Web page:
CFA Master Class: Sara Paretsky
Wednesday April 27, 2016
Sara Paretsky changed the face of crime fiction with her creation of the instantly iconic character V. I. Warshawski, a great investigator, and a woman. Not just the usual vamp or bad girl relegated to the rank of secondary character or window dressing, Paretsky gave readers a tough, smart admirable and totally believable woman on par with the best male protagonists. Here was a new character, and writer, to be reckoned with. Sara Paretsky joined us for a spectacular Master Class at Crime Fiction Academy.
About Brush Back
Chicago’s V. I. Warshawski confronts crooked politicians and buried family secrets in the gritty new novel from New York Times–bestselling author Sara Paretsky.
No one would accuse V. I. Warshawski of backing down from a fight, but there are a few she’d be happy to avoid. High on that list is tangling with Chicago political bosses. Yet that’s precisely what she ends up doing when she responds to Frank Guzzo’s plea for help.
For six stormy weeks back in high school, V. I. thought she was in love with Frank. He broke up with her, she went off to college, he started driving trucks for Bagby Haulage. She forgot about him until the day his mother was convicted of bludgeoning his kid sister, Annie, to death. Stella Guzzo was an angry, uncooperative prisoner and did a full twenty-five years for her daughter’s murder.
Newly released from prison, Stella is looking for exoneration, so Frank asks V. I. for help. V. I. doesn’t want to get involved. Stella hated the Warshawskis, in particular V. I.’s adored mother, Gabriella.
But life has been hard on Frank and on V. I.’s other childhood friends, still stuck on the hardscrabble streets around the dead steel mills, and V. I. agrees to ask a few questions. Those questions lead her straight into the vipers’ nest of Illinois politics she’s wanted to avoid. When V. I. takes a beating at a youth meeting in her old hood, her main question becomes whether she will live long enough to find answers.
Before there was Lisbeth Salander or Stephanie Plum, there was V. I. Warshawski. Sara Paretsky revolutionized the mystery world in 1982 when she introduced V. I. in Indemnity Only. By creating a believable investigator with the grit and the smarts to tackle problems on the mean streets, Paretsky challenged a genre in which women typically were either vamps or victims. Hailed by critics and readers, Indemnity Only was followed by fifteen more best-selling Warshawski novels. The New York Times writes that Paretsky “always makes the top of the list when people talk about female operatives,” while Publishers Weekly says, “Among today’s PIs, nobody comes close to Warshawski.”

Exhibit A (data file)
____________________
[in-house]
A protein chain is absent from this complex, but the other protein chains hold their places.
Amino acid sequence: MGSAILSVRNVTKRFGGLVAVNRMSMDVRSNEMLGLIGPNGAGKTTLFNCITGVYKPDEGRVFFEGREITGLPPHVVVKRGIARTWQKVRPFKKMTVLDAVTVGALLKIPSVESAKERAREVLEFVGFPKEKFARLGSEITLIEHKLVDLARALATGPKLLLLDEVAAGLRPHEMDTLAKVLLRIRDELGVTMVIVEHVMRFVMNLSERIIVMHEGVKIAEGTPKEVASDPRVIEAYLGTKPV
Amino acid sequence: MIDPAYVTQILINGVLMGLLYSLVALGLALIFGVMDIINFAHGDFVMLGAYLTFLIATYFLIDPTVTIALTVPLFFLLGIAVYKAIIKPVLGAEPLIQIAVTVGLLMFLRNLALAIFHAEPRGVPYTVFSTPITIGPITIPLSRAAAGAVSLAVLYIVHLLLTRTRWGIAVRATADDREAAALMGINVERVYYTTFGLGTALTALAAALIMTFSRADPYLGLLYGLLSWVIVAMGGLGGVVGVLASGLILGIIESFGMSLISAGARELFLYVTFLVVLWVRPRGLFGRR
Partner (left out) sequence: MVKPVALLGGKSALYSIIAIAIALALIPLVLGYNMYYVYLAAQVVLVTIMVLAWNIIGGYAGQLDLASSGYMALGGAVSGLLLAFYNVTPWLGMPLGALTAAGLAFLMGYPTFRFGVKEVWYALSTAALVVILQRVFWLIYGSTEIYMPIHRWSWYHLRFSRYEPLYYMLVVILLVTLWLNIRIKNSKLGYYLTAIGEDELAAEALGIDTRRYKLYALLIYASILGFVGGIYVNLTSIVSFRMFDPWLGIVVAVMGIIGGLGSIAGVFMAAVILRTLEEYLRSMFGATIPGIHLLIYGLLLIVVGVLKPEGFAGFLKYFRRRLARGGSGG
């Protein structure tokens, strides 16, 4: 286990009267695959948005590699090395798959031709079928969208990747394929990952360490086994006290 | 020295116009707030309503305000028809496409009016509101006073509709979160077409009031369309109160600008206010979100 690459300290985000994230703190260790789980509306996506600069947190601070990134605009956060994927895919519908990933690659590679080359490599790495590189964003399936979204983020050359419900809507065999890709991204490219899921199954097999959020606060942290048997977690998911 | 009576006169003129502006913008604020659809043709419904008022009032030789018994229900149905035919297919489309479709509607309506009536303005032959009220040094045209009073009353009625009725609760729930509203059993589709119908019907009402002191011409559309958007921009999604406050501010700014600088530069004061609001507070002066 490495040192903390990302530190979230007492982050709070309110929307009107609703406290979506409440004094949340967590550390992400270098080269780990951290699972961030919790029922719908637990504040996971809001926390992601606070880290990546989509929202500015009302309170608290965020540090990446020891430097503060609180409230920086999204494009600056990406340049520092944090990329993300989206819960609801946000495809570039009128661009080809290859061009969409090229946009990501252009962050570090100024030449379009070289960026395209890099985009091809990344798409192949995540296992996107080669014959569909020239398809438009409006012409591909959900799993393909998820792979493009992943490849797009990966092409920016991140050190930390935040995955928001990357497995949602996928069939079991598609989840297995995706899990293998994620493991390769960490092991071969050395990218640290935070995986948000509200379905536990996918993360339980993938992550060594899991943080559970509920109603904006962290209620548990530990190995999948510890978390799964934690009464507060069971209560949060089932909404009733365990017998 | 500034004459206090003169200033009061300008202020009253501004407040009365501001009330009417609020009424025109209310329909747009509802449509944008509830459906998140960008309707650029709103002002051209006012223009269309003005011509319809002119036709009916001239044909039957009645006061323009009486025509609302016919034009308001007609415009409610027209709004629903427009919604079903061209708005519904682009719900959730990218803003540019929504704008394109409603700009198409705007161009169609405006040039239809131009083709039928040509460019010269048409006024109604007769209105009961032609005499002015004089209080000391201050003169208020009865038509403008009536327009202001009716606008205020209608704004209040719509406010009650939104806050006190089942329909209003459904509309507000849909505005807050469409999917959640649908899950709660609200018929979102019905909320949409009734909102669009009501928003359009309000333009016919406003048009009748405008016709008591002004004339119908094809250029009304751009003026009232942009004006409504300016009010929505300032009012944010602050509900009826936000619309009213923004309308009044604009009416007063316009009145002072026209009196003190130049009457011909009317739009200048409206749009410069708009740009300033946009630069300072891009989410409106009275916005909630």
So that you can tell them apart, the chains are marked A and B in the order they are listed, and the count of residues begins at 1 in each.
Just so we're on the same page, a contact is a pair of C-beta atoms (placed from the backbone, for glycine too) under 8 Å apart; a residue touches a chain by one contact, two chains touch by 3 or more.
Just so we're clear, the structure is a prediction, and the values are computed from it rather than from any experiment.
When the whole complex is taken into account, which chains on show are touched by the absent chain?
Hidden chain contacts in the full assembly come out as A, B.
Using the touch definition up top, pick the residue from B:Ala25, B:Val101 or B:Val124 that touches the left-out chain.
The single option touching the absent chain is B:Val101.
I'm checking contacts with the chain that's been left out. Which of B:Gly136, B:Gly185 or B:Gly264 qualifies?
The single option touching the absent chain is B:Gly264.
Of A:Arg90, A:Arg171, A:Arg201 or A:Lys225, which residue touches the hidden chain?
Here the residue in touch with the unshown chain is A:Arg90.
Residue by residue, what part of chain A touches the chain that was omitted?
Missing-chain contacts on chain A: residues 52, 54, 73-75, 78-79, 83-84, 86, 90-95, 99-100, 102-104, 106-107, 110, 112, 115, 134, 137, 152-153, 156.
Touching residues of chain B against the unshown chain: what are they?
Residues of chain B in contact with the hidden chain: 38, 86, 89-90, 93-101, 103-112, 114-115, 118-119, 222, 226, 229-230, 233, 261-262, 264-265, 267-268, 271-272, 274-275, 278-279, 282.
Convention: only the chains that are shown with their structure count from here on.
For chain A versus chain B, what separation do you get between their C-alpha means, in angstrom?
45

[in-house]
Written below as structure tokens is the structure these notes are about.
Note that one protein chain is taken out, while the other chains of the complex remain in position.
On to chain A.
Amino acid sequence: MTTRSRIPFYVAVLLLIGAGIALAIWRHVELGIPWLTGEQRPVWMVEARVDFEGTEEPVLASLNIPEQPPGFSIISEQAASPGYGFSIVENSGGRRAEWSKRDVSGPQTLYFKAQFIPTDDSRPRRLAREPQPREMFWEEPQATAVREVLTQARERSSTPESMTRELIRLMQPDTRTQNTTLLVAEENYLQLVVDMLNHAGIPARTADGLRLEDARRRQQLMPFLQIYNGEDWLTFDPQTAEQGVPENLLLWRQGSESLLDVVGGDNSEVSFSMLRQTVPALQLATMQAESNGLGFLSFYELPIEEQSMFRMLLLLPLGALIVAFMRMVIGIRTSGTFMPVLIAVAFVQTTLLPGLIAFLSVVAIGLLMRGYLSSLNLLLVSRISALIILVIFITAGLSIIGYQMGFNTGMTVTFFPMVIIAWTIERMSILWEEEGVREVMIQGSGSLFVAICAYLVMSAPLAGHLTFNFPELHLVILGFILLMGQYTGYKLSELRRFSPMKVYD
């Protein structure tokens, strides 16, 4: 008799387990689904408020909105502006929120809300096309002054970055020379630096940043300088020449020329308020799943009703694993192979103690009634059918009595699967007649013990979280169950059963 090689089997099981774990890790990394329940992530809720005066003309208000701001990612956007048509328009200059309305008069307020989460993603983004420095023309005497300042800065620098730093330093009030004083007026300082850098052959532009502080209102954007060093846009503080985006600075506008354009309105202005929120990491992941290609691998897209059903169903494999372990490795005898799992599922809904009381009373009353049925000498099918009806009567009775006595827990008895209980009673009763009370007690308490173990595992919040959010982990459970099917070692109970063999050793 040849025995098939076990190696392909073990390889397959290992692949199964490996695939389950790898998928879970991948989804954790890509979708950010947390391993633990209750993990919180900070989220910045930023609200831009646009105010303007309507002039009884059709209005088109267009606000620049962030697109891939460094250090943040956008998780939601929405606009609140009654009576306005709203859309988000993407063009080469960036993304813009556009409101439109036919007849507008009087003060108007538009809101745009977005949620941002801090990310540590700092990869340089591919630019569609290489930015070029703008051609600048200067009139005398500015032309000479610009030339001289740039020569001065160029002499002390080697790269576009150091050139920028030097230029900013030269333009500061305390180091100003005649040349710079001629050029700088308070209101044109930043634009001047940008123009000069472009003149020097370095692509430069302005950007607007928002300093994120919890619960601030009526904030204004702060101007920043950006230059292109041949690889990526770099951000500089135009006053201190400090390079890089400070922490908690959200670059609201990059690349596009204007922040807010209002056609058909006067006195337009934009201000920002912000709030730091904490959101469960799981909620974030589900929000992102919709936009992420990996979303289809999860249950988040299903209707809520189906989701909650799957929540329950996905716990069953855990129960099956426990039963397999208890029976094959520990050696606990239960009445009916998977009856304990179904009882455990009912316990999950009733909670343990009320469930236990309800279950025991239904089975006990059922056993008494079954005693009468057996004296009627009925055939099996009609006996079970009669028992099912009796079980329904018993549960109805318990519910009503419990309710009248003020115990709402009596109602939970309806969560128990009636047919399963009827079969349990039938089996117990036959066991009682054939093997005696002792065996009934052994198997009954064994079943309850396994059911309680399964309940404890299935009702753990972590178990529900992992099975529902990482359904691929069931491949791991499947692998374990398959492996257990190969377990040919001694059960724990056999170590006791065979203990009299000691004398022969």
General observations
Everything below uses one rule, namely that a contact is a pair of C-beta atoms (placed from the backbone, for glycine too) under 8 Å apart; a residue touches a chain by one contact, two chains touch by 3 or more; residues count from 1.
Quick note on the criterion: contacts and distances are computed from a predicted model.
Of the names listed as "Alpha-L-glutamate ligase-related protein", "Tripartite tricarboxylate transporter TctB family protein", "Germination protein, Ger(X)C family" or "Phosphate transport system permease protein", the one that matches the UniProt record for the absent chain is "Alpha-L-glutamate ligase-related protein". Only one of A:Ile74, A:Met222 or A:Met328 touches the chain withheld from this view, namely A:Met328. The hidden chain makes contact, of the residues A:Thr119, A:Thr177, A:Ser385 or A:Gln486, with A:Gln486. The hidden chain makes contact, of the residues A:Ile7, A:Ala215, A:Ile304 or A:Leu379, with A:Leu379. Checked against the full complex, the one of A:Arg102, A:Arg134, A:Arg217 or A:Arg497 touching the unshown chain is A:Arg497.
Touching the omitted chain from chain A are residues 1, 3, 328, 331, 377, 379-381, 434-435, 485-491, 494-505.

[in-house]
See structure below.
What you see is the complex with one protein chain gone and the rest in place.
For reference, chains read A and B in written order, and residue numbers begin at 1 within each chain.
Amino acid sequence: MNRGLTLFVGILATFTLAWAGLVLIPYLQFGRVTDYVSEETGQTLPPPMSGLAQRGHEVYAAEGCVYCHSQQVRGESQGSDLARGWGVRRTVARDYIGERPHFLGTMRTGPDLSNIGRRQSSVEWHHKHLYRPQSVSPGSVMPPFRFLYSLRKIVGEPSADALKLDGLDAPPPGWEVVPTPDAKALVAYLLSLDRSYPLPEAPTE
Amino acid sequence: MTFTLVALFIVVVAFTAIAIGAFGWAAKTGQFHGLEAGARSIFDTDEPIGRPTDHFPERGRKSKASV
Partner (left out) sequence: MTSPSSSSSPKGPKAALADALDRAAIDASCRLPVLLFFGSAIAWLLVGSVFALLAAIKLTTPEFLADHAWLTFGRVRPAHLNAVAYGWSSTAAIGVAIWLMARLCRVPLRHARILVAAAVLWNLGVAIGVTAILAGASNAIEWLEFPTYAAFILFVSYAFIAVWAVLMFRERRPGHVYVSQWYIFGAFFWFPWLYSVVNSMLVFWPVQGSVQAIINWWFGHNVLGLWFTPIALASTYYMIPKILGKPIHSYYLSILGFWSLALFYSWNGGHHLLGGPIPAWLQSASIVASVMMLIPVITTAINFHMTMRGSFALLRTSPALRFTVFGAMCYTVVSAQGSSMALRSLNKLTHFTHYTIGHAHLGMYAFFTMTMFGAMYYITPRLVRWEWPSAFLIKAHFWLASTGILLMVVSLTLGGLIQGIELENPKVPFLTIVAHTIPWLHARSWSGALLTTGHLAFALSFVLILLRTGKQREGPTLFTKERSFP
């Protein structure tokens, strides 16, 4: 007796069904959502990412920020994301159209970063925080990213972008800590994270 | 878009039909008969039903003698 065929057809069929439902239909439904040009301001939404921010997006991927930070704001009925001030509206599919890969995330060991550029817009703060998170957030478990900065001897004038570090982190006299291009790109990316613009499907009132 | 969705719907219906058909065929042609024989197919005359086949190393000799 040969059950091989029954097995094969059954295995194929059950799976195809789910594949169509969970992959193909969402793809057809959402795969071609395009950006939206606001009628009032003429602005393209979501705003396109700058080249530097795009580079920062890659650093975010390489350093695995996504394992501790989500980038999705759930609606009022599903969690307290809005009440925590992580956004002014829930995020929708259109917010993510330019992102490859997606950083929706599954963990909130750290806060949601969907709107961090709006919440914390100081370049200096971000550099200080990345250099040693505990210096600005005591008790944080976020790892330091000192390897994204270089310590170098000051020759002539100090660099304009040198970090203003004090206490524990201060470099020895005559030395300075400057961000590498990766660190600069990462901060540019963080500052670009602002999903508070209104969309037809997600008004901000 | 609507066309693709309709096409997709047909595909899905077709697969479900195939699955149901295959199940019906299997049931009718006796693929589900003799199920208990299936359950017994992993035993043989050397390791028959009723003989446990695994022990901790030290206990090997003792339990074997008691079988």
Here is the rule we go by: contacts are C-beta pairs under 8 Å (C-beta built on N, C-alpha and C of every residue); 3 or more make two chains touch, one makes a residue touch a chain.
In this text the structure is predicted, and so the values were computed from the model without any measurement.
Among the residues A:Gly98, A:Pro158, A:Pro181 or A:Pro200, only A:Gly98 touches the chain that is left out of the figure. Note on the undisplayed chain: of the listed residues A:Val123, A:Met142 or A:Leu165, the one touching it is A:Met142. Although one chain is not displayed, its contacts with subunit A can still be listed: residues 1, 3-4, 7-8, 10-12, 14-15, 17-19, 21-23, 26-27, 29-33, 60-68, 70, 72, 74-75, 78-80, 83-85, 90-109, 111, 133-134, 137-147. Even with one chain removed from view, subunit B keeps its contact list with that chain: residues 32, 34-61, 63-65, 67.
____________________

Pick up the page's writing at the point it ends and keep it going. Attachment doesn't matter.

Called “passionate” and “electrifying,” V. I. reflects her creator’s own passion for social justice. As a contributor to the New York Times and the Guardian newspapers, and a speaker at such venues as the Library of Congress and Oxford University, Paretsky is an impassioned advocate for those on society’s margins. After chairing the school’s first Commission on the Status of Women as a Kansas undergraduate, Paretsky worked as a community organizer on Chicago’s South Side during the turbulent race riots of 1966. More recently, Paretsky served with then-state senator Obama on the board of Thresholds, which serves Chicago’s mentally ill homeless. She has mentored teens in Chicago’s most troubled schools, and works closely with literacy and reproductive rights groups.
Not only has Paretsky’s own work broken barriers, she has also helped open doors for other women. In 1986 she created Sisters in Crime, a worldwide organization to support women crime writers, which earned her Ms. Magazine’s 1987 Woman of the Year award. More accolades followed: the British Crime Writers awarded her the Cartier Diamond Dagger for lifetime achievement; Blacklist won the Gold Dagger from the British Crime Writers for best novel of 2004, and she has received the honorary degreee of Doctor of Letters from several different universities. The actress Kathleen Turner played V. I. Warshawski in the movie of that name and Paretsky’s work is celebrated in Pamela Beere Briggs’s documentary, Women of Mystery. Today Sara Paretsky’s books are published in 30 countries.
She detailed her journey from Kansas farm-girl to New York Times bestseller in her 2007 memoir, Writing in an Age of Silence, which was a National Book Critics Circle Award finalist. In addition, Paretsky has written two highly-acclaimed stand-alone novels, Ghost Country, used in many seminary classrooms, and Bleeding Kansas, set in the part of rural Kansas where Paretsky grew up. She has published a collection of her own short stories, and edited four other anthologies, including, most recently, Sisters on the Case.
Like her fictional detective, Paretsky lives and dies with the Cubs, runs Chicago’s lakefront with her golden retriever, and loves to sing, taking part in community musicals. Paretsky lives on Chicago’s south side with her husband, a member of the University of Chicago’s Fermi Institute.